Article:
My nine year old daughter went a bit crazy on the butterflies and moths this Summer. It was great to see so many of them and herself and her friend spent hours catching them, minding them in the insect observer they have, identifying which type they were and eventually setting them free. To my knowledge none of them were harmed in the process and along with plenty of fresh air she also got to learn a lot about nature!
Caer asked me the other day.... "What is the difference between a butterfly and a moth?"
Moths and butterflies both belong to the order Lepidoptera (which means scaled wings). They both start their lives as caterpillars and then transform into winged insects that eat nectar in the adult phase of their life. There are however many general differences between butterflies and moths, although for each difference there is usually a moth or butterfly that is an exception to the rule!
So here are some differences between butterflies and moths....
Most moths are active at night (nocturnal) while butterflies usually fly during the day (diurnal ).
The antenna on butterflies tend to have a little ball at the end, these are referred to as clubbed, while the antenna of moths are usually plain or feathered.
Butterflies fold their wings together behind their back when at rest while moths tend to place their wings down their backs.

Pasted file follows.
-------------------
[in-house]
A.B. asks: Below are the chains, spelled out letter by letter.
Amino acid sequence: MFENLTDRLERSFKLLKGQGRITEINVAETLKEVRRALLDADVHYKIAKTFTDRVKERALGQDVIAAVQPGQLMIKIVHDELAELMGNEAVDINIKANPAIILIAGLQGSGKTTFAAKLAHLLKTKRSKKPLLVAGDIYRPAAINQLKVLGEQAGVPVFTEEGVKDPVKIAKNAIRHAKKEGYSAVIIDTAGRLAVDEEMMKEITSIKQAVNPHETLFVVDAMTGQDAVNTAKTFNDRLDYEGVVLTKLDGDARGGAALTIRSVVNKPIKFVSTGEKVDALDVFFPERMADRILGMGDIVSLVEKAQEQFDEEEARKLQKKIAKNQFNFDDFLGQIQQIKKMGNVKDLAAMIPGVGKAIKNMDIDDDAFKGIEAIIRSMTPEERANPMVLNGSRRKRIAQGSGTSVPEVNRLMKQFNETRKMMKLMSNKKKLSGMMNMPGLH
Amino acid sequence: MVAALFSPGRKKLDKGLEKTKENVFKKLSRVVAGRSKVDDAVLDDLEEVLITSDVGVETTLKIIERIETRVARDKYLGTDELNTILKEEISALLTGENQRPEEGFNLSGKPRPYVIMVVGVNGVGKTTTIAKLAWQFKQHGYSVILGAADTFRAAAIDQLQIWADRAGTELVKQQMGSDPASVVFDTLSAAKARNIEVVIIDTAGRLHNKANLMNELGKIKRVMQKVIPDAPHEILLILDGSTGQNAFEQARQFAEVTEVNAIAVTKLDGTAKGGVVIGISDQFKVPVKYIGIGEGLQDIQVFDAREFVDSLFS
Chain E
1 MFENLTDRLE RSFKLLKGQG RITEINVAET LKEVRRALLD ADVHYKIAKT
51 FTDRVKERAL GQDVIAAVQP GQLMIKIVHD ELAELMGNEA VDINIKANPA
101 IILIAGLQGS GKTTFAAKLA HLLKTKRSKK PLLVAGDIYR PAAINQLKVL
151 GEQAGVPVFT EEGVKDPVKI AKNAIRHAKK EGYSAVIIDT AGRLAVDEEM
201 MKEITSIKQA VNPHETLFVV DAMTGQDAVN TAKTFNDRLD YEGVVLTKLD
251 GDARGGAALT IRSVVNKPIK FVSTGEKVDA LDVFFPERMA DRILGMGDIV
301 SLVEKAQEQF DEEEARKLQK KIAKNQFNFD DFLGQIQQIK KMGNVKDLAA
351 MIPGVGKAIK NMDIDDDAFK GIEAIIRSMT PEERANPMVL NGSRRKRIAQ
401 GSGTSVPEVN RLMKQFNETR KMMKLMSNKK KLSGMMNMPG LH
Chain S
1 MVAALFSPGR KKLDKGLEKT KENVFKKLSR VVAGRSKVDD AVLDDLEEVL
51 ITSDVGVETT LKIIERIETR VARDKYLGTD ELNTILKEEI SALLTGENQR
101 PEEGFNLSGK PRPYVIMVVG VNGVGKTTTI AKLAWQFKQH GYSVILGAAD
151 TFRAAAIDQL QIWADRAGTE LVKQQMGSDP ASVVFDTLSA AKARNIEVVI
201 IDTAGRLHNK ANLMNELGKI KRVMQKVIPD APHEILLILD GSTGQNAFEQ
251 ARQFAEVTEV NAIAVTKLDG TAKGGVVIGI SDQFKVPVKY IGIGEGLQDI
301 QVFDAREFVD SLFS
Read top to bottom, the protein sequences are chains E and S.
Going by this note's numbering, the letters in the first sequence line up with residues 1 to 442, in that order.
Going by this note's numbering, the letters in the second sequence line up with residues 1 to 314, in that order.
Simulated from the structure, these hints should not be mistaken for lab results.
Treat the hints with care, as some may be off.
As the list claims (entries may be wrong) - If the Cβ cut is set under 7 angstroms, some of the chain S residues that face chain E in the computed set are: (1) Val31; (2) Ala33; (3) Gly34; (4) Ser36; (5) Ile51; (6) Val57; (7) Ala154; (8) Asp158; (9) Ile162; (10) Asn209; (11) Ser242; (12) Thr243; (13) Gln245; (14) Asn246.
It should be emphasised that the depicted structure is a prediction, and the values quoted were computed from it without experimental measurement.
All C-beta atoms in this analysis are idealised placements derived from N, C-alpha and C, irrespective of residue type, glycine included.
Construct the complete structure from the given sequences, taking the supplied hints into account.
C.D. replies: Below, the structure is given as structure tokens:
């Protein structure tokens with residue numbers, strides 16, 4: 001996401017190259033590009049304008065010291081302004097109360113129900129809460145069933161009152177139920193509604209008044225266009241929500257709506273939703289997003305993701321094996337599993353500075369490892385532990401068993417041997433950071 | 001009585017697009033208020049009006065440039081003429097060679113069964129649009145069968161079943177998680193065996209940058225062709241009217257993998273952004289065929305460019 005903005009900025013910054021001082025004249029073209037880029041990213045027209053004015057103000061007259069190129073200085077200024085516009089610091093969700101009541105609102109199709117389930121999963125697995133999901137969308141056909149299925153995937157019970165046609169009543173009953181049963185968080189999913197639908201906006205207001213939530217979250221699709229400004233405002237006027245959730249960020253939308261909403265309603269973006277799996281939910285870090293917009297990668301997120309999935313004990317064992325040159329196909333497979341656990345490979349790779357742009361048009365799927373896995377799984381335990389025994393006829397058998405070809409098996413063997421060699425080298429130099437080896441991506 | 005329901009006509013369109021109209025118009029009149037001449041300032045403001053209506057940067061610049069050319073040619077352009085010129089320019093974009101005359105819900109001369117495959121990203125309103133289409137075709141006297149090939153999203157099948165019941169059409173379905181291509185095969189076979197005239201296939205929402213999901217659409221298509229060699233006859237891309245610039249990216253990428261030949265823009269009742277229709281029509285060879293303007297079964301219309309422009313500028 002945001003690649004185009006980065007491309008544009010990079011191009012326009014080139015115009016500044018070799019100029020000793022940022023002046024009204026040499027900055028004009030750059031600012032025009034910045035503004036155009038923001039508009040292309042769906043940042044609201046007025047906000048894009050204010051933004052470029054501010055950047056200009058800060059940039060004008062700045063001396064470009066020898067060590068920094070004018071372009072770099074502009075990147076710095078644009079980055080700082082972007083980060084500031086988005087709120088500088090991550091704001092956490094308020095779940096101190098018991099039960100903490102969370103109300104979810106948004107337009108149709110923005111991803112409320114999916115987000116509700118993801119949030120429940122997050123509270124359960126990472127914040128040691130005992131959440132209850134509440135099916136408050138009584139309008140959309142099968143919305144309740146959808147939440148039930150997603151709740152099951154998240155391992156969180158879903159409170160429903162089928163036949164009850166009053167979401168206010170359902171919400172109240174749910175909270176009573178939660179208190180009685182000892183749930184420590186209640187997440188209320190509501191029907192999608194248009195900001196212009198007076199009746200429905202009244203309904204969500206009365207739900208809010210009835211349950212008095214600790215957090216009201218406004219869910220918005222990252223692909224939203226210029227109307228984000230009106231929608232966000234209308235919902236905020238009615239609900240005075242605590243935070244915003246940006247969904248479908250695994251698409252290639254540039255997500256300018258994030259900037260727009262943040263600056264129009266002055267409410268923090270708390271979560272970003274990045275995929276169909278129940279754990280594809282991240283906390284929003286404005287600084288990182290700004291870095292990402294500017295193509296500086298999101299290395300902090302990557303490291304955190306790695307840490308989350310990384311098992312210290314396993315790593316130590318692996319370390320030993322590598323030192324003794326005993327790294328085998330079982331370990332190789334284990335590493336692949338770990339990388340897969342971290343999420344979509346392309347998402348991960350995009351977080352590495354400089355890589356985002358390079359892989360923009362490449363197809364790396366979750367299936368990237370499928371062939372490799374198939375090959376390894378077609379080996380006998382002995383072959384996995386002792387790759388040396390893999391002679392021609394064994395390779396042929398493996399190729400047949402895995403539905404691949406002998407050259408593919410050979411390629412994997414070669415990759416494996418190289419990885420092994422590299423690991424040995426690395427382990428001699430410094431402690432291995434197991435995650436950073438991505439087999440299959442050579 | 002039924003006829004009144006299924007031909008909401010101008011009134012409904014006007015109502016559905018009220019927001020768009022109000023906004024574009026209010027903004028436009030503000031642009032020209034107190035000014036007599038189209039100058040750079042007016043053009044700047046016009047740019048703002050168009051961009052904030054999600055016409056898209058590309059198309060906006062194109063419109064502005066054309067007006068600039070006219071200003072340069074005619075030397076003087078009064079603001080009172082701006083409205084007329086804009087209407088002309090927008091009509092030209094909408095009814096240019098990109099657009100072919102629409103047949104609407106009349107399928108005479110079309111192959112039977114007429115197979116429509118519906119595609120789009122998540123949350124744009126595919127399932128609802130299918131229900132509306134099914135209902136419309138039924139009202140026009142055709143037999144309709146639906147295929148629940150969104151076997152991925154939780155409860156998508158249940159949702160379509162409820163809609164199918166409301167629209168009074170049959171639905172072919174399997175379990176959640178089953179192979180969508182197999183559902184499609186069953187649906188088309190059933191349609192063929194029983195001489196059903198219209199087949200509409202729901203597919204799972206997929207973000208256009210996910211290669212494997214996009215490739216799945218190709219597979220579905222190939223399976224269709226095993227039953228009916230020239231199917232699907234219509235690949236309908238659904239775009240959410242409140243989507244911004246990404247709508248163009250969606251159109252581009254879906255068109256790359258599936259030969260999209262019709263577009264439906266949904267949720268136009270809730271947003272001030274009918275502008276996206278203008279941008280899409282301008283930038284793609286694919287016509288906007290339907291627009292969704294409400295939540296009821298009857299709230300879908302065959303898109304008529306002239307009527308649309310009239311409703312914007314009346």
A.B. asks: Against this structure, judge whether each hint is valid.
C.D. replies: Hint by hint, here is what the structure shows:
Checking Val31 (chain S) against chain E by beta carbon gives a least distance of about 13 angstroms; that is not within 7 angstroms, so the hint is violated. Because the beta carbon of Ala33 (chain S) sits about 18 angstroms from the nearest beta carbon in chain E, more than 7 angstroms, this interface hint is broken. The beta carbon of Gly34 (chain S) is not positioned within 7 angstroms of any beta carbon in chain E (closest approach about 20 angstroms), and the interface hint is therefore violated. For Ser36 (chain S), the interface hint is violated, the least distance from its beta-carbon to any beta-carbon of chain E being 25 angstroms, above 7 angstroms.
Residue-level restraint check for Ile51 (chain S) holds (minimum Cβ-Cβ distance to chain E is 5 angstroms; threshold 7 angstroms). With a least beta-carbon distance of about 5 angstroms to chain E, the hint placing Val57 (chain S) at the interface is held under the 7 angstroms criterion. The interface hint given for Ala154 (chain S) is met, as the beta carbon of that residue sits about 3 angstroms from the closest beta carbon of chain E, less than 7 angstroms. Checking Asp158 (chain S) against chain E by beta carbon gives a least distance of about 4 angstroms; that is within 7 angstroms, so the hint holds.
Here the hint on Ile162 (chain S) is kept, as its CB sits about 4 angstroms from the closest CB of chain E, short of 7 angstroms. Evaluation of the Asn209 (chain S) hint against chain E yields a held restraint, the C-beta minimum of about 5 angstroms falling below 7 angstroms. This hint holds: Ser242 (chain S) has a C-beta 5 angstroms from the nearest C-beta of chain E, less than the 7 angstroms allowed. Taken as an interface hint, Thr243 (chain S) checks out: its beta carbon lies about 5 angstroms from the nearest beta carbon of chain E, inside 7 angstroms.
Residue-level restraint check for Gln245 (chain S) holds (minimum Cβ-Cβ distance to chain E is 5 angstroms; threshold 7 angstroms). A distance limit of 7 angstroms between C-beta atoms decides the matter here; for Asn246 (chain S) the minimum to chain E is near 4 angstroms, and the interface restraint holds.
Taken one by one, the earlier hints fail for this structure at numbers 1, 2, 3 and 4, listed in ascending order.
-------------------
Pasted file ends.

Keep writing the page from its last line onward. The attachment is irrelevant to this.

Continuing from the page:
|Wings folded back along the body of a tiger moth|
The forewing and hindwing of a moth are attached together by a filament called a frenulum. This allows the wings to move together in flight. Butterflies do not have frenulums.
Both butterflies and moths undergo a complete metamorphosis (homometabolism
) from egg to caterpillar, to chrysalis to adult. However the chrysalis of a moth is usually enclosed in a cocoon of silk while that of a butterfly is not.
Butterflies tend to be more colourful than moths, although this is not always the case!
Moths tend to have hairy, plump bodies while most butterflies have more smooth, slim bodies.
An exception to the rule...
There are, as I mentioned, plenty of exceptions to all these rules.... the Madagascar sunset moth (Chrysiridia rhipheus
) is a good example. The bright colours of this day flying moth are more akin to the colours we expect from a butterfly rather than a moth! As always, Mother Nature
likes to keep us on our toes!
|The Madagascar sunset moth|
Image credit: Anaxibia via Wikimedia Commons
If you have spotted any unusual butterflies or moths lately or have anything to add please leave your comment below!
Labels: antennae, butterflies, Dr. How's Science Wows, frenulum, homometabolism, lepidoptera, moths